Why is this important? Well if you are calculating UHI for stations by looking at satellite images of nightlights, like GISS does (see my post on it at CA) , you’ll find that there’s generally no city lights in the water, leading you to think you’ve got no urbanization around the station. Using only 10 lines of code, Steve Mosher finds 230 errors in NCDC’s Global Historical Climatological Network (GHCN) data that places the station over water, when it should be on land. Does this affect the calculation of Earth’s surface temperature? Steve Mosher investigates. – Anthony
This google map display is just one of 230 GHCN stations that is located in the water. After finding instances of this phenomena over and over, it seemed an easy thing to find and analyze all such cases in GHCN. The issue matters for a two reasons:
- In my temperature analysis program I use a land/water mask to isolate land temperatures from sea temperatures and to weight the temperatures by the land area. An area that would be zero in the ocean, of course.
- Hansen2010 uses nightlights based on station location and in most cases the lights at a coastal location are brighter than those off shore. Although I have seen “blooming” even in radiance calibrated lights such that “water pixels” do on occasion have lights on them.
The process of finding “wet stations” is trivial in the “raster” package of R. All that is needed is high resolution land/sea mask. In my previous work, I used a ¼ degree base map. ¼ degree is roughly 25km at the equator. I was able to find a 1km land mask used by satellites. That data is read in one line of code, and then it is simple matter to determine which stations are “wet”. Since NCDC is updating the GHCN V3 inventory I have alerted them to the problem and will, of course provide the code. I have yet to write NASA GISS. Since H2010 is already in the publishing process, I’m unsure of the correct path forward.
Looking through the 230 cases is not that difficult. It’s just time consuming. We can identify several types of case: Atolls, Islands, and coastal locations. It’s also possible to put the correct locations in for some stations by referencing either WMO publications or other inventories which have better accuracy than either GHCN or GISS. We can also note that in some cases the “mislocation” may not matter to nightlights. These are cases where you see no lights whatsover withing the 1/2 degree grid that I show. In the google maps presented below, I’ll show a sampling of all 230. The blue cross shows the GHCN station location and the contour lines show the contour of the nightlights raster. Pitch black locations have no contour.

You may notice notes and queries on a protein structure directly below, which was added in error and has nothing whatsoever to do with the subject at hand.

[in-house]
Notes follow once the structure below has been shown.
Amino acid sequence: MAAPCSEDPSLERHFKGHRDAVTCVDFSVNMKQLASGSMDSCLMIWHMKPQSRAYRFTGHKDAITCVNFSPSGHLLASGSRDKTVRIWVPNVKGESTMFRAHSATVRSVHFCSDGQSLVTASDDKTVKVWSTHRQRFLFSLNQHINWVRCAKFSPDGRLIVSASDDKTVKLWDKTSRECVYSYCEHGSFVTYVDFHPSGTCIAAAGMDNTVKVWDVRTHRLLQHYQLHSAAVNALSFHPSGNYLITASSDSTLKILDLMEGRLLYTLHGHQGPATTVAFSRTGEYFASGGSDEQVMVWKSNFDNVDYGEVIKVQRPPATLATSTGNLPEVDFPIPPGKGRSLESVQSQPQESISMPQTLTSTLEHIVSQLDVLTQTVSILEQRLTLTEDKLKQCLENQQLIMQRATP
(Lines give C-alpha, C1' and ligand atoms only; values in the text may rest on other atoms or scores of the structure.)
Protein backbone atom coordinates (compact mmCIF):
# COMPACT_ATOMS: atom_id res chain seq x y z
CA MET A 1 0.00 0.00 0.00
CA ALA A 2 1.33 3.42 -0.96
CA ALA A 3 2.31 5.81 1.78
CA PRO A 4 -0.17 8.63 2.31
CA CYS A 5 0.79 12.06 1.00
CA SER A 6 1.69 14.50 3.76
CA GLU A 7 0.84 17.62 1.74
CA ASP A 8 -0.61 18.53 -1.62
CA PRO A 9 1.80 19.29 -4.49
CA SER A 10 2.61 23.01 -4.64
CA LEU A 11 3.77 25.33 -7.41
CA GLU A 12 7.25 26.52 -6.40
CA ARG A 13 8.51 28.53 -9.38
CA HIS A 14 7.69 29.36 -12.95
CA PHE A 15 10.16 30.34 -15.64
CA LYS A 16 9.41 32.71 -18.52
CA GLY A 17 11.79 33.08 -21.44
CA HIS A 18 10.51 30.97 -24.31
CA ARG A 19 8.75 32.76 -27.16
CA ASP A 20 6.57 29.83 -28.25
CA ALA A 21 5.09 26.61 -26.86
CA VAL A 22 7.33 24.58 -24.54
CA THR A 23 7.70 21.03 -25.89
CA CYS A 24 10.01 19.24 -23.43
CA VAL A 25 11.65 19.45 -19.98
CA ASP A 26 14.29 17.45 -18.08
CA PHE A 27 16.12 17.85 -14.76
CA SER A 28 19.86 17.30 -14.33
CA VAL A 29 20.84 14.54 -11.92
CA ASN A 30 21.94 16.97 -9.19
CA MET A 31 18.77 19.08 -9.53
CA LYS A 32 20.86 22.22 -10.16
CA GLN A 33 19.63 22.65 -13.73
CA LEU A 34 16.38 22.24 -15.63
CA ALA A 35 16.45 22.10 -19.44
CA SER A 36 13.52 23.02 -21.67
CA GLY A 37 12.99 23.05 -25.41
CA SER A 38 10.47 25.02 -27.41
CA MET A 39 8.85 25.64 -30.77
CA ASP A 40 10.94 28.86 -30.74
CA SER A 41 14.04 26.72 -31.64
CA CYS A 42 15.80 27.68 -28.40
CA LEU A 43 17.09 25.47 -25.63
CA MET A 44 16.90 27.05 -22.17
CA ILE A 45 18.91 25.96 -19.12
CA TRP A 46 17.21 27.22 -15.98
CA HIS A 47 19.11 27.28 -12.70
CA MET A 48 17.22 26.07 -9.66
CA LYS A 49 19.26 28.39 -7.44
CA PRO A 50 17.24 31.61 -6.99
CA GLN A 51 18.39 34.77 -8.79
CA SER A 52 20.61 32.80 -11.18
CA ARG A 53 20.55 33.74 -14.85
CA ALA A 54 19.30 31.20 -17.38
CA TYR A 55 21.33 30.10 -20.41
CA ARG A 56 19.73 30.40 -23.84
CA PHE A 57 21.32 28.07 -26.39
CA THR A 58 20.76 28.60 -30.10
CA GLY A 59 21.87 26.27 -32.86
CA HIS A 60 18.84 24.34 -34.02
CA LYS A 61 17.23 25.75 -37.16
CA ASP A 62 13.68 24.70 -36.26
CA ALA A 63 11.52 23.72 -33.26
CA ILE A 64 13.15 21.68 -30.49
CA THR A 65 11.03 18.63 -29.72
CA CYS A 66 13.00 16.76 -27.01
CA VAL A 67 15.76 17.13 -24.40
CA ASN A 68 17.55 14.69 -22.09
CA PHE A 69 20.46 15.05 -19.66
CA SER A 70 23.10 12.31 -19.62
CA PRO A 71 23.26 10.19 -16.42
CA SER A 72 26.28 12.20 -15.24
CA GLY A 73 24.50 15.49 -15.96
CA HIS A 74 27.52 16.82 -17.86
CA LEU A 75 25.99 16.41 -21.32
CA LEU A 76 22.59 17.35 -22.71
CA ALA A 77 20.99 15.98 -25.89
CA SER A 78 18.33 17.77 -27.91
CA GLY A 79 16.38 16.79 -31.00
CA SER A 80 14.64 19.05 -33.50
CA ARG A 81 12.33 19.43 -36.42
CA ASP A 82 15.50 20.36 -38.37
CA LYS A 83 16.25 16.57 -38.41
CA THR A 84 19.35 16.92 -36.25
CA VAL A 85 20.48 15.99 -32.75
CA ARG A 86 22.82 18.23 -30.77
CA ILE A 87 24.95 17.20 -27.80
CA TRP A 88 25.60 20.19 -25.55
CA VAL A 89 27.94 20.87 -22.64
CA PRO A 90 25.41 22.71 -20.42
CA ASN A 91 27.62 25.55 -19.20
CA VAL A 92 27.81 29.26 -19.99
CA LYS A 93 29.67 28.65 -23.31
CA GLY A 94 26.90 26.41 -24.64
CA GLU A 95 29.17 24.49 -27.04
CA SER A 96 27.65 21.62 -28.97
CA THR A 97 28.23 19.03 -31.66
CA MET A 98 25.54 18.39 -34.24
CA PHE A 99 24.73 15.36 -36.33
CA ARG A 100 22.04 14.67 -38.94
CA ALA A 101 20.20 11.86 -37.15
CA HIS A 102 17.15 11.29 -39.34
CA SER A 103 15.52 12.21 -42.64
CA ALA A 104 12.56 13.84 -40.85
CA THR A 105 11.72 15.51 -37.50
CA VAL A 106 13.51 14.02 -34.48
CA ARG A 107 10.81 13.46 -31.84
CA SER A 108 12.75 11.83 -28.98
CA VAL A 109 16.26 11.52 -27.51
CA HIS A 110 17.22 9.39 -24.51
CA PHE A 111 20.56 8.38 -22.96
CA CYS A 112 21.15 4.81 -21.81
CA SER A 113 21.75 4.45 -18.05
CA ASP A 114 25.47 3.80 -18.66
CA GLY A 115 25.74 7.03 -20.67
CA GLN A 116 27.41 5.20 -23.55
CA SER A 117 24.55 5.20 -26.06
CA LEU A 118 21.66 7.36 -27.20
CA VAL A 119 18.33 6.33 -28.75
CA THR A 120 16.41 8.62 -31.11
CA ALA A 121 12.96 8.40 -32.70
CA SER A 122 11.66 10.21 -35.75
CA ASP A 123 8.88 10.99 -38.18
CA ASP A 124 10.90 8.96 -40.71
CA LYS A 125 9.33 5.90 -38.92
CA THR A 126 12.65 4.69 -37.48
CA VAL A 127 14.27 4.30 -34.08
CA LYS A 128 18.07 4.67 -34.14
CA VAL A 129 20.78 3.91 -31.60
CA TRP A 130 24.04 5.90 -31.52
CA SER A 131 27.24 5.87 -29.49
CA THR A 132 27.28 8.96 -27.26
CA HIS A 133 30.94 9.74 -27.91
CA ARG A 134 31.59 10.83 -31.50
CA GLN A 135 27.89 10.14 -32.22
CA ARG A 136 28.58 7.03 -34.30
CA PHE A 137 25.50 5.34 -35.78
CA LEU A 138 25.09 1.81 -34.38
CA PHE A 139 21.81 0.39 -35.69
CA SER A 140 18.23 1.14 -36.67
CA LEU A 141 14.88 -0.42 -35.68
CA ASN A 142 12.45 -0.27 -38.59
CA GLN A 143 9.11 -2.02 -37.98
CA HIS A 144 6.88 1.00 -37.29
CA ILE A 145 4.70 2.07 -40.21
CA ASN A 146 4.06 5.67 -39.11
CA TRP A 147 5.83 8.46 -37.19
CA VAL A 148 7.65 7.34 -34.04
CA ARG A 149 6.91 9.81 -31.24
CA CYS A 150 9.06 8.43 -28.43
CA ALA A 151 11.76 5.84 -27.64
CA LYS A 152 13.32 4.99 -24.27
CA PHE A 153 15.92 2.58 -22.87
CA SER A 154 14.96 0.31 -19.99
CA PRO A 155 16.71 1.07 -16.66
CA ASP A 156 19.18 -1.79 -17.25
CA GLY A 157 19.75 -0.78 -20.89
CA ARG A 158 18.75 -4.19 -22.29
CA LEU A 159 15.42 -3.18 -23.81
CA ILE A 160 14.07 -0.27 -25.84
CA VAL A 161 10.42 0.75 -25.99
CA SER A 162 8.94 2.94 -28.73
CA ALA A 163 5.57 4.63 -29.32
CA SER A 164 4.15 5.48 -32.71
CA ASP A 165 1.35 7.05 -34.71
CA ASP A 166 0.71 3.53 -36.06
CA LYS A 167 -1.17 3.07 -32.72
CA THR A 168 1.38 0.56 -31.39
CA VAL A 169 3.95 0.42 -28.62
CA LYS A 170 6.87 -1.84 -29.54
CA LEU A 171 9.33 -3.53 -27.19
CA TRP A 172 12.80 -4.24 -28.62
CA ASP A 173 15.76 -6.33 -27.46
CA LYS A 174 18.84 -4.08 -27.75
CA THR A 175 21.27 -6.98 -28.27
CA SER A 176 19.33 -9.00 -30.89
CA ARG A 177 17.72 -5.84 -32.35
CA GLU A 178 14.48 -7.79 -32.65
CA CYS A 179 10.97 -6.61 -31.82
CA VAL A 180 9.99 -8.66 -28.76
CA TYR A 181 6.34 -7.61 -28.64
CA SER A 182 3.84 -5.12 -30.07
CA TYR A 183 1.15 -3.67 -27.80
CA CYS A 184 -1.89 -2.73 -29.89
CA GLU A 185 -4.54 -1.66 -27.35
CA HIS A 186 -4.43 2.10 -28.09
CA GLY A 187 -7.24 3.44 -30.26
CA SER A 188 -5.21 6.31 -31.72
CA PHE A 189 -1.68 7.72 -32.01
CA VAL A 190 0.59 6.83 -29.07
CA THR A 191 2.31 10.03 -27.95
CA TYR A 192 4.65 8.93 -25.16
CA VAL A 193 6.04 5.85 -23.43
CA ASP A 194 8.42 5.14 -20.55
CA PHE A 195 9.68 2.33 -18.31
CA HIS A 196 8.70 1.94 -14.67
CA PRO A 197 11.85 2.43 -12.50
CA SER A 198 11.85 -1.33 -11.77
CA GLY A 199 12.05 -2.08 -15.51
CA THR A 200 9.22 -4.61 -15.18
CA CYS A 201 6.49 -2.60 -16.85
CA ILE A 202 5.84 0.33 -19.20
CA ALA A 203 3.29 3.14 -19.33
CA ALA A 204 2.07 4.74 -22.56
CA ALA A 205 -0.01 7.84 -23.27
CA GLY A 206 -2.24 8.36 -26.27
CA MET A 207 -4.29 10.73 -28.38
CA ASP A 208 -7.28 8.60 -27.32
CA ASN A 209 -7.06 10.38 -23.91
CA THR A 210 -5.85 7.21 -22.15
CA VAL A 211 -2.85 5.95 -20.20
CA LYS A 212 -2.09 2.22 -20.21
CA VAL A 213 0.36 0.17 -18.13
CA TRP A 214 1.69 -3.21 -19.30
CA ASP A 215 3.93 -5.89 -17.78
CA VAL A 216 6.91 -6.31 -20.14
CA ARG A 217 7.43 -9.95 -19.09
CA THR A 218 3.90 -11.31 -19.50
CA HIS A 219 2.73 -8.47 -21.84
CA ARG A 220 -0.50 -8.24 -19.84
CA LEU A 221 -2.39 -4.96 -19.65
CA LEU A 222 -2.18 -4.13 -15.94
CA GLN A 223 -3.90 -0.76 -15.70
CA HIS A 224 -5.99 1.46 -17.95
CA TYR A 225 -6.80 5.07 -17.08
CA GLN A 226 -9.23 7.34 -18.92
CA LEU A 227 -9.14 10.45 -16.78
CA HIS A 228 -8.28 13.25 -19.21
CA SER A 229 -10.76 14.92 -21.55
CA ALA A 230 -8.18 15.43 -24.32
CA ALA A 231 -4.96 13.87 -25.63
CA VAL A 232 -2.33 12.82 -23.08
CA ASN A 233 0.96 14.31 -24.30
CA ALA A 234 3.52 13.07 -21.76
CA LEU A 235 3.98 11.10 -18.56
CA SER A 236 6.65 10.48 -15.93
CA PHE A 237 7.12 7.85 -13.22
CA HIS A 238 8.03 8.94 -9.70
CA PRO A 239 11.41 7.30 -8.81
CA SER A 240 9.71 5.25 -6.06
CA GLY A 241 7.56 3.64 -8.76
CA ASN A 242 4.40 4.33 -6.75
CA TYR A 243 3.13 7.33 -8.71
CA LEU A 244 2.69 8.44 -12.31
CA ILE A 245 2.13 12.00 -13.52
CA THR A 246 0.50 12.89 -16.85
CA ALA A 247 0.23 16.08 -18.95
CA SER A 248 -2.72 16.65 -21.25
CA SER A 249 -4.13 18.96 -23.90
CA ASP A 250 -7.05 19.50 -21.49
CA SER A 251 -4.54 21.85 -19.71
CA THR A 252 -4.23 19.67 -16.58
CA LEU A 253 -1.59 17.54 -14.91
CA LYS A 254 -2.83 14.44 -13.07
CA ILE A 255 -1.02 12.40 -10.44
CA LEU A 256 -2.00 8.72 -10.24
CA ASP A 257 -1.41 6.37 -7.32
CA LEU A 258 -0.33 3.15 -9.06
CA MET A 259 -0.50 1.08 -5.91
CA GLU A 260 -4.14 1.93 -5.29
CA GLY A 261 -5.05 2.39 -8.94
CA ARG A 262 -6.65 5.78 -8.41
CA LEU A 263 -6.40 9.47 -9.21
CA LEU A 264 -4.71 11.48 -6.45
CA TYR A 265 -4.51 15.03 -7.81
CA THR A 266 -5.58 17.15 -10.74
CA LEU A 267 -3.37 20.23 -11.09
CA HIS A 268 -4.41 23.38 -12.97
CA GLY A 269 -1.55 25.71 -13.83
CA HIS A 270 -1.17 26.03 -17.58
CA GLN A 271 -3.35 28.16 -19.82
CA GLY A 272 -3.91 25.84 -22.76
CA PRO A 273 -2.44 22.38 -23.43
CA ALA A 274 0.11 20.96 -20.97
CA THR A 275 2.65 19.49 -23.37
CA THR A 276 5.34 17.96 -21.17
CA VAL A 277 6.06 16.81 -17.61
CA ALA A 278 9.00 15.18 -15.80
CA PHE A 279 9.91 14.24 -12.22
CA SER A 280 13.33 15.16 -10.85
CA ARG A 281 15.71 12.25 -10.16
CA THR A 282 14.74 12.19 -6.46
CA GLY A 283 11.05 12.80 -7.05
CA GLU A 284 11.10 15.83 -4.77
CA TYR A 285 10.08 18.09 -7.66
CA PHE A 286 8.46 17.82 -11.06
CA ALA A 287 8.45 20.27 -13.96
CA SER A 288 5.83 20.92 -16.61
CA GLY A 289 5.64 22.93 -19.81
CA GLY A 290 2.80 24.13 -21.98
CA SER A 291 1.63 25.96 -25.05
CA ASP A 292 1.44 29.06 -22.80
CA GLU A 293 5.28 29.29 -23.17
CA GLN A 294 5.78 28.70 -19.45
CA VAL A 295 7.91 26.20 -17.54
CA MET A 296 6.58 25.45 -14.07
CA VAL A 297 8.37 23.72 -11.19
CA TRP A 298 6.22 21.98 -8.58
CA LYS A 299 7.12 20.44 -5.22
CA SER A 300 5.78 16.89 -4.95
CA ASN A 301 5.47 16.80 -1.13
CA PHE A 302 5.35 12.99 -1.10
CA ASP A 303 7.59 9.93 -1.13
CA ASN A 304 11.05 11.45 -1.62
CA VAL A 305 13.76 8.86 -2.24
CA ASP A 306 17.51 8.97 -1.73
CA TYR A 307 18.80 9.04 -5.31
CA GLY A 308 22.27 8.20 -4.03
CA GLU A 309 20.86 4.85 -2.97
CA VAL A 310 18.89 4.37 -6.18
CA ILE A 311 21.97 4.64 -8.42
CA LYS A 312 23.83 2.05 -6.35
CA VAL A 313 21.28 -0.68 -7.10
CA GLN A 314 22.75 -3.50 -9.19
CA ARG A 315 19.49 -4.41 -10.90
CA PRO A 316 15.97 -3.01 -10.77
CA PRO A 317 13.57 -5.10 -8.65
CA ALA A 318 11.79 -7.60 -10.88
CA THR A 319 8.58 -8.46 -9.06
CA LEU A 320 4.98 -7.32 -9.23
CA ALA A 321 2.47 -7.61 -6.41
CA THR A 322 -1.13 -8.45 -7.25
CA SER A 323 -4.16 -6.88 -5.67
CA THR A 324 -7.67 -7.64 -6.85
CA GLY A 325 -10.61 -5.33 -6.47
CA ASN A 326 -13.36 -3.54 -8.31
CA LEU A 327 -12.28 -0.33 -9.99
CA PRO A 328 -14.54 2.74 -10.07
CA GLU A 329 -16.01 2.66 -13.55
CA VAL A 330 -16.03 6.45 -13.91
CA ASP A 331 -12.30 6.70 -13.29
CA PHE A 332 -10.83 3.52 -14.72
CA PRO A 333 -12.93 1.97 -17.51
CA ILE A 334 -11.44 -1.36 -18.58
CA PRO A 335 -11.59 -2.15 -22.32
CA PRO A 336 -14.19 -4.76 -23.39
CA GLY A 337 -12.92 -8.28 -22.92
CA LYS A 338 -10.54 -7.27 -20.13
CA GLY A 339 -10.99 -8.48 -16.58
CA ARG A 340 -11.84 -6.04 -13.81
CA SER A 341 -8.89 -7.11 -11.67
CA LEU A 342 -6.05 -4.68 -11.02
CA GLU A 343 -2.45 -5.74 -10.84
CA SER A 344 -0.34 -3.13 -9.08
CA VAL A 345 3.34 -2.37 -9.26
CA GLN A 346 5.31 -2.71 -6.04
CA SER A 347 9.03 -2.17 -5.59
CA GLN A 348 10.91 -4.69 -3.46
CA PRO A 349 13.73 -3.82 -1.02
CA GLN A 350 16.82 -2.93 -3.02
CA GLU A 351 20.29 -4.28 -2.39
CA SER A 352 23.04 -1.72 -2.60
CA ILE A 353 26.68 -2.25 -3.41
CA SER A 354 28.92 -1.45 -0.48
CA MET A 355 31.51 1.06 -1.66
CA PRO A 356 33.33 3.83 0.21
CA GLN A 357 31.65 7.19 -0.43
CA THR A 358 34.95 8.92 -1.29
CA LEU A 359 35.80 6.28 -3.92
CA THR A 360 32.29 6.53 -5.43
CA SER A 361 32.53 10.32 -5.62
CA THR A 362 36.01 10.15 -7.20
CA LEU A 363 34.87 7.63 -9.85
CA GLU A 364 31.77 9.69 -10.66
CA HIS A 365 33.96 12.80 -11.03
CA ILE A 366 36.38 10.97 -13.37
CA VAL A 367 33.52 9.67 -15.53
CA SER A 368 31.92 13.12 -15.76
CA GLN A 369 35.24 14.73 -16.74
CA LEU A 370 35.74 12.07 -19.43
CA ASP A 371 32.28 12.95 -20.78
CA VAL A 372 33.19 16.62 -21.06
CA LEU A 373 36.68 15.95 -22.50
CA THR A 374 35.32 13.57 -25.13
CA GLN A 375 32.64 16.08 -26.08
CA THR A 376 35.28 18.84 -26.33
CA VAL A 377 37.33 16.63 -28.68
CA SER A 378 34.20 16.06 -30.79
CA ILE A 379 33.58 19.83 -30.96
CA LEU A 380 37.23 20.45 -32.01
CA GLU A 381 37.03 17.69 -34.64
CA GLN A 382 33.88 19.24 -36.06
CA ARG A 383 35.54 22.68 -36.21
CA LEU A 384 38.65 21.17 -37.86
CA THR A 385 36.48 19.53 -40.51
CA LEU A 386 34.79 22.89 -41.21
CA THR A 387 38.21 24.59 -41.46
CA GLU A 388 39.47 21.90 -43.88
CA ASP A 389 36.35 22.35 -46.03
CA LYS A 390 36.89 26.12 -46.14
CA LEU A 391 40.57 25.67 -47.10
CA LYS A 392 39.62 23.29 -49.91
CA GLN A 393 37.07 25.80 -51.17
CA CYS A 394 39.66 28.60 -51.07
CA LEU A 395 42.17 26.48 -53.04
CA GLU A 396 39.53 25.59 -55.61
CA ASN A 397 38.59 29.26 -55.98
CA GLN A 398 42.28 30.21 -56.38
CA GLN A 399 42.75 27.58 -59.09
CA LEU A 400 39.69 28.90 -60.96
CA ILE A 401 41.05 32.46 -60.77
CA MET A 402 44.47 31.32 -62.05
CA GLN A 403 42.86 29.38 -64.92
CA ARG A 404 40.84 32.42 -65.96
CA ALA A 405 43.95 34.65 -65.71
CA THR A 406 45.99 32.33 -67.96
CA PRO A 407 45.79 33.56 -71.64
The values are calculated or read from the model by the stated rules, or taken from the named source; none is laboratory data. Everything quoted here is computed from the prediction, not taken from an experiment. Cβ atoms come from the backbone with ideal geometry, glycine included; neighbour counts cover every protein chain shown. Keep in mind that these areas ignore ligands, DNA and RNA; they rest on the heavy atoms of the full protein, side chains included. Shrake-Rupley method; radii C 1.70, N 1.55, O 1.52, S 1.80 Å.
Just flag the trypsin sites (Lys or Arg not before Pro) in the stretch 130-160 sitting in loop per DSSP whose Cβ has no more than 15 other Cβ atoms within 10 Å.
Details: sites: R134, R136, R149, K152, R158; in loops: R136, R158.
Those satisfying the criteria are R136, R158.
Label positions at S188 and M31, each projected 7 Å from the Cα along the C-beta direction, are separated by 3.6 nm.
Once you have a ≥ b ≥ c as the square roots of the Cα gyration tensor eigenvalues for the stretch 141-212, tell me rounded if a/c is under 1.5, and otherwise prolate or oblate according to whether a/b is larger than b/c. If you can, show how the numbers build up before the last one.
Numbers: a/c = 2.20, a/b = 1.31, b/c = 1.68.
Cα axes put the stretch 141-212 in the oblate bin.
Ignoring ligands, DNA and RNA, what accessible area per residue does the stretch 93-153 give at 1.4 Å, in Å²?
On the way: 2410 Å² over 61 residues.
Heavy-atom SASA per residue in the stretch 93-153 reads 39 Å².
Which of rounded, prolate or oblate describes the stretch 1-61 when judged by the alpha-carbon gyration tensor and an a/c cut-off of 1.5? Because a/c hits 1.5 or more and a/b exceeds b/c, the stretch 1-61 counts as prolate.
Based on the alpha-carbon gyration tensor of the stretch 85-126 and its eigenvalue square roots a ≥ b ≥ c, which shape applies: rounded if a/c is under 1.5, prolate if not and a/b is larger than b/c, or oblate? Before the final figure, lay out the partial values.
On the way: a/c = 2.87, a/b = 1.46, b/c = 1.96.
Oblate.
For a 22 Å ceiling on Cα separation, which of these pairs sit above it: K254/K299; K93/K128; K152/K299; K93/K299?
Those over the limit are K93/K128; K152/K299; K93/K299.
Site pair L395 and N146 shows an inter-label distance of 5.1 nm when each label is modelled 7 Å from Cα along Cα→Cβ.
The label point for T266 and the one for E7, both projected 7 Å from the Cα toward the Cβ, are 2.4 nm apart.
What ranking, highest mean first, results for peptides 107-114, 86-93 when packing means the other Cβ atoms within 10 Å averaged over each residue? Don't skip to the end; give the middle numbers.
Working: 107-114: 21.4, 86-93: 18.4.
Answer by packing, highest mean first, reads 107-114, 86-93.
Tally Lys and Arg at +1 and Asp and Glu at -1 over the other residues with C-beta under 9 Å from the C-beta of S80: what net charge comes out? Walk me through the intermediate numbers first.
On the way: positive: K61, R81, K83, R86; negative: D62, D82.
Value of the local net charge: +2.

I will also update this with a newer version of Nighlights. A google tour is available for folks who want it. The code is trivial and I can cover that if folks find it interesting. with the exception of the graphing it is as simple as this:
Ghcn<-readV2Inv() # read in the inventory
lonLat <- data.frame(Ghcn$Lon,Ghcn$Lat)
Nlight <- raster(hiResNightlights)
extent(Nlight)<-c(-180,180,-90,90) # fix the metadata error in nightlights
Ghcn<-cbind(Ghcn,Lights=extract(Nlight,lonLat)) # extract the lights using “points”
distCoast <-raster(coastDistanceFile,varname=”dst”) # get the special land mask
Ghcn <- cbind(Ghcn,CoastDistance=extract(distCoast,lonLat))
# for this mask, Water pixels are coded by their distance from land. All land pixels are 0
# make an inventory of just those land stations that appear in the water.
wetBulb <- Ghcn[which(Ghcn$CoastDistance>0),]
Some shots from the gallery. The 1km land/water mask is very accurate. You might notice one or two stations actually on land. Nightlights is less accurate, something H2010 does not recognize. Its pixels can be over 1km off true position. The small sample below should show the various cases. No attempt is made to ascertain if this causes an issue for identification of rural/urban categories. As it stands the inaccuracies in Nightlights and station locations suggests more work before that effort is taken up.
Click to enlarge images: